“You need one up-to-date source of truth that everyone can rely on. For example, a business should organise a document outlining ownership and key elements of assets across the company. Having this important information on hand will help businesses execute immediate and effective decisions when facing a disaster,” states McKean.

Key insight In a Disaster Recovery scenario, ownership of decisions can be the difference between keeping a business or not.

A BCDR plan must also be well-documented, sensible, clear and concise in the way it’s been written. So that when there is a disaster, there’s a plan already laid out. “Where does the business need to focus its efforts? What are the things that teams need to do first? What is the exact process to restore the data and business to full functionality? – It needs to be very prescriptive,” emphasises McKean.

McKean adds that for a Disaster Recovery Plan to be effective, it needs to be tested at least twice a year in a realistic setting, as opposed to in a staged simulation with controlled variables. “What we’re trying to do is pressure test it to uncover room for improvement. We want to find all of the holes so that we plug them before they’re an issue in a real scenario.”

download-bc-minimising-cyber-business-continuity-internal

Ensuring that critical functions can continue

A good business continuity and disaster recovery plan means good decisions are made, mission-critical data is recovered quickly and the business gets back to full operational ability easily and smoothly. McKean says businesses can’t account for every unexpected event, but that isn’t the point of a BCDR plan.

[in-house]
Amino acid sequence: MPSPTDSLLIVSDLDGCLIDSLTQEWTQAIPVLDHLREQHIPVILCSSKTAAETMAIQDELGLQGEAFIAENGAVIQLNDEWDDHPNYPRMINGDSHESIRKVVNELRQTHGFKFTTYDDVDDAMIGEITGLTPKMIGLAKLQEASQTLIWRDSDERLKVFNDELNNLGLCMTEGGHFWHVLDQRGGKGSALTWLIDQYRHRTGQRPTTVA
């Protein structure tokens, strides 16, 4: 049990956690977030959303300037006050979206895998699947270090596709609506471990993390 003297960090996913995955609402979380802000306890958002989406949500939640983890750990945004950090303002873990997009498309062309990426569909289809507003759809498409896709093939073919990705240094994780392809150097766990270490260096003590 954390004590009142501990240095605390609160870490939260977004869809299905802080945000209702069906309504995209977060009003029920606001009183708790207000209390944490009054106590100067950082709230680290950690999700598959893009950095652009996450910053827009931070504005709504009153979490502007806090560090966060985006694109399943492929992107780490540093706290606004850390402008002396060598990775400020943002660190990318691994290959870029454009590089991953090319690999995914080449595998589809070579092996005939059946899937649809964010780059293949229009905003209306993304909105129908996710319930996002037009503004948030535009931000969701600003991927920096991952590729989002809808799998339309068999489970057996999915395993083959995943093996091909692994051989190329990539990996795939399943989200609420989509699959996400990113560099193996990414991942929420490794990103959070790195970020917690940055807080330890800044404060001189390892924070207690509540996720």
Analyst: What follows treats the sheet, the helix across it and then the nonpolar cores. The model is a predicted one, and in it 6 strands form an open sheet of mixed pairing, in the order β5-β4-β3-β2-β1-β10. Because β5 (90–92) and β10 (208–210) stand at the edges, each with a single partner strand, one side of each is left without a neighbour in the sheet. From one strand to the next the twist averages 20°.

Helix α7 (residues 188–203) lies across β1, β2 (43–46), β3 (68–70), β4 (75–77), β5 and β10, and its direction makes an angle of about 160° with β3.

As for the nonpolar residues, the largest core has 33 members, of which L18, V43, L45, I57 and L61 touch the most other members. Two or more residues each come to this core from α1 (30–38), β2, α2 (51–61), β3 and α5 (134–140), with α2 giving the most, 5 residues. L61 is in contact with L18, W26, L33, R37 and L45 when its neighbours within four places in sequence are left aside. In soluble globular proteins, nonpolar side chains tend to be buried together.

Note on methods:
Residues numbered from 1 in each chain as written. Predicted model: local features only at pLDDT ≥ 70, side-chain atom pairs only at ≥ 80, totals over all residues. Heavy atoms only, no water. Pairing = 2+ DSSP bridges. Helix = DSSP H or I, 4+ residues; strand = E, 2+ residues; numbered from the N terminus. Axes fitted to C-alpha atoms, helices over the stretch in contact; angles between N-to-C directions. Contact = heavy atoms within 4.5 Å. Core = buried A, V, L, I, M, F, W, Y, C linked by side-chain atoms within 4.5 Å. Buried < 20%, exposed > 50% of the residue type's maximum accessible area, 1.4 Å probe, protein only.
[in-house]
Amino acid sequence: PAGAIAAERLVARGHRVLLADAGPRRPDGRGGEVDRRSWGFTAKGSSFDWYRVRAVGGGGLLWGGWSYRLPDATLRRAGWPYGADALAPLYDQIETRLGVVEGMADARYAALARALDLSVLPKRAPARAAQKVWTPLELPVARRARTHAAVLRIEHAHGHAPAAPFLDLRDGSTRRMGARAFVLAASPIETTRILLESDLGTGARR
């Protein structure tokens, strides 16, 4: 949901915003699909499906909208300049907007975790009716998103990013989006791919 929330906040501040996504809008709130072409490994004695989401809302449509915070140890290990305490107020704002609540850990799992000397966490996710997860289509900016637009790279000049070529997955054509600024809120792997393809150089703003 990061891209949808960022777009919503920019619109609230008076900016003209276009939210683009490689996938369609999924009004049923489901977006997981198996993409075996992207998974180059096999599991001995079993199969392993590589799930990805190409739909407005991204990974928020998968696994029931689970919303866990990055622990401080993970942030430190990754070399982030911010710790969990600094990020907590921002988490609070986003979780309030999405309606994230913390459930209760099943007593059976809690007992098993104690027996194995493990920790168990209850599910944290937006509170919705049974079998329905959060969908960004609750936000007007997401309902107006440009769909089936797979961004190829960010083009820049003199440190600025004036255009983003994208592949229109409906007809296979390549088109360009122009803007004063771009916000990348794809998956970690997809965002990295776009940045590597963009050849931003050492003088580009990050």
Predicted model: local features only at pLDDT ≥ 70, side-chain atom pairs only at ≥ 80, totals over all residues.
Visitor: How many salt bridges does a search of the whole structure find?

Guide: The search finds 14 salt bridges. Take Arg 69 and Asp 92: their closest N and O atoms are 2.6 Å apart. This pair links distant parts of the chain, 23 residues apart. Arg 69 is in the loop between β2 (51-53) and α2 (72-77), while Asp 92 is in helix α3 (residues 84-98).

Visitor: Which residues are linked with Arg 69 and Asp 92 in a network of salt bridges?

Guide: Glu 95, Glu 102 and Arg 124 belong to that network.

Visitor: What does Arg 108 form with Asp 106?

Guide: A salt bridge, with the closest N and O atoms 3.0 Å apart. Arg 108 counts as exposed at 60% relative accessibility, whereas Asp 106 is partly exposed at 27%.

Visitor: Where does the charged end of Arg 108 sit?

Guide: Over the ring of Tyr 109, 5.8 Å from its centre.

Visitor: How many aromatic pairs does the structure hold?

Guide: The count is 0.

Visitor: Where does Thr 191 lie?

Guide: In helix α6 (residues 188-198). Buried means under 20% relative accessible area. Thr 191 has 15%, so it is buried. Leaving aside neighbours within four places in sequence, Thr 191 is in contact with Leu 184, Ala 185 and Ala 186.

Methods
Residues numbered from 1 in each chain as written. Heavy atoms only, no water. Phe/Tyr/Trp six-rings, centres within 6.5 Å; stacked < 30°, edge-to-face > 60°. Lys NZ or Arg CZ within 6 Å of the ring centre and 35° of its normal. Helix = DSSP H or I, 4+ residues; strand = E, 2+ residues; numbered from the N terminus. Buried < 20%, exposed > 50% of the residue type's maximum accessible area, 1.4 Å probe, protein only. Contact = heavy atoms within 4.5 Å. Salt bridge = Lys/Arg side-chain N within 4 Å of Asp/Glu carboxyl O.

“You need to have enough information in there that people can think outside the box. You need enough of the raw information and data at your disposal so the people who are going to be executing it can make sensible decisions on the fly,” he says.

Key insight Business continuity planning is key to resume operations quickly and the best plans have extensive recovery strategies.

These strategies outline the specific steps of your processes and procedures to ensure that mission-critical functions won’t be impacted.

Choosing a partner you can trust

In the last 12 months, cyber-attacks and data breaches ranked fourth in the top ten disruptions to business.

Updating and managing a business continuity and disaster recovery plan for these ever-changing cyber threats can be overwhelming and, sometimes, out of scope for some businesses.

Interactive is the largest premier business continuity provider in Australia and have been helping mitigate business downtime for the last 20 years. We have a team of experts, including an onsite cyber security and risk team, that can help you build, update and test your business continuity and disaster recovery plans to ensure you are always covered – no matter the situation.

Be prepared for any potential threats.

Download our free Business Continuity Template

Ready to get serious about business continuity?

FORM HEADINF
Search by industry
  • All
  • Automotive and Logistics
  • Consumer Packaged Goods
  • Corporate
  • Financial Services
  • FMCG
  • Government
  • Healthcare
  • IT, Data and Software
  • Manufacturing
  • Media and Entertainment
  • Real Estate
  • Retail
  • Travel